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appear arms bear beauty breaſt bright bring cauſe charms Cloe cold cou'd court cruel Cupid Damon dart dear death deny deſire deſpair diſdain doth drink eaſe eyes face fair fall fame fate fear fighs fire firſt flame fond fool gentle give gone grace grief grove happy hear heart hopes hour I'll kind kiſs laſt late leave light live look love's lover maid mind move muſt nature ne'er never night nymph o'er once pain paſſion pity plain play pleaſe pleaſure poor pretty pride prove reſt ſaid ſay ſee ſhade ſhall ſhe ſhou'd ſmile ſoft ſome ſoul ſtill Strephon ſuch ſwain ſweet tears tell thee theſe thoſe thou thought thouſand trifle true Twas vain voice Whoſe wine wou'd wound young youth
Side 155 - But now our fears tempestuous grow, And cast our hopes away ; Whilst you, regardless of our woe, Sit careless at a play ; Perhaps, permit some happier man To kiss your hand, or flirt your fan.
Side 269 - Word and oath, Keep it, for then 'tis none of mine. Yet send me back my heart and eyes, That I may...
Side 35 - Not, Celia, that I juster am Or better than the rest ; For I would change each hour, like them, Were not my heart at rest. But I am tied to very thee By every thought I have ; Thy face I only care to see, Thy heart I only crave.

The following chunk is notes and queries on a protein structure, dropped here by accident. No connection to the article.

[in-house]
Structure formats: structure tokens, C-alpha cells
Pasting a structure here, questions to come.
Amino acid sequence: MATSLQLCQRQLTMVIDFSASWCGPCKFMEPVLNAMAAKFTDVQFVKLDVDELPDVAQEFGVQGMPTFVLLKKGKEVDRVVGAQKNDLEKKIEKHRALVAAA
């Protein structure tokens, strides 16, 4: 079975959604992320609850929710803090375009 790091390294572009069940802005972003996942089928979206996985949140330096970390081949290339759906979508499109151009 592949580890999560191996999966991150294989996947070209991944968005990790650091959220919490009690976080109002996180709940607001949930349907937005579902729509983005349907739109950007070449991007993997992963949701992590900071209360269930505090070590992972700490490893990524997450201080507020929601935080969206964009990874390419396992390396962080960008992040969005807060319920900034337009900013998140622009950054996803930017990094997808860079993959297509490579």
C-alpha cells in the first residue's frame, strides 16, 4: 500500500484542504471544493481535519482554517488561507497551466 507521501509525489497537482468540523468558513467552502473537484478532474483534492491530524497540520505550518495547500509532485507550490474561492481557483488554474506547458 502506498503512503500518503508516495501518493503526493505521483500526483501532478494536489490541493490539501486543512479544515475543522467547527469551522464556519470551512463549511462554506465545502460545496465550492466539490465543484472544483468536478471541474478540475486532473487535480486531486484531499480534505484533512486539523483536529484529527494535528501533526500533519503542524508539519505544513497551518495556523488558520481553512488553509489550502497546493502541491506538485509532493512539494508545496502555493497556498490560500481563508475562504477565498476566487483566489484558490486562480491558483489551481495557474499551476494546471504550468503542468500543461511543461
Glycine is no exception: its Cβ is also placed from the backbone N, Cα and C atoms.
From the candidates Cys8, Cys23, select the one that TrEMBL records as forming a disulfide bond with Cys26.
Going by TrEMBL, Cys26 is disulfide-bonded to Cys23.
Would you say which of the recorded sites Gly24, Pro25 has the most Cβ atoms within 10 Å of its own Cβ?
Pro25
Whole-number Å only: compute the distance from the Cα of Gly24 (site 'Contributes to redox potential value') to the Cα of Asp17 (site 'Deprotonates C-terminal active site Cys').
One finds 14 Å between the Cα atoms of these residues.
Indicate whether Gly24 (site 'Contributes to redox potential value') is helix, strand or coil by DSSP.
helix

Side 55 - She cast not back a pitying eye : But left her lover in despair To sigh, to languish, and to die: Ah! how can those fair eyes endure To give the wounds they will not cure? Great God of Love, why hast thou made A face that can all hearts command, That all religions can invade, And change the laws of every land?
Side 20 - A sigh or tear, perhaps, she'll give, But love on pity cannot live. Tell her that hearts for hearts were made, And love with love is only paid.
Side 55 - Love, why hast thou made A face that can all hearts command, That all religions can invade, And change the laws of every land? Where thou hadst placed such power before, Thou shouldst have made her mercy more.
Side 105 - Such beauty and pleasure does yield . The warblers are heard in the grove, The linnet, the lark, and the thrush, The blackbird, and sweet cooing dove, With music enchant every bush.
Side 87 - Excites us to arms, With shrill notes of anger, And mortal alarms. The double double double beat Of the thundering drum Cries Hark! the foes come; Charge, charge, 'tis too late to retreat!
Side 127 - PHILLIS, men say that all my vows Are to thy fortune paid ; Alas ! my heart he little knows, Who thinks my love a trade. Were I of all these woods the lord, One berry from thy hand More real pleasure would afford Than all my large command. My humble love has learned to live On what the nicest maid, Without a conscious blush, may give Beneath the myrtle shade.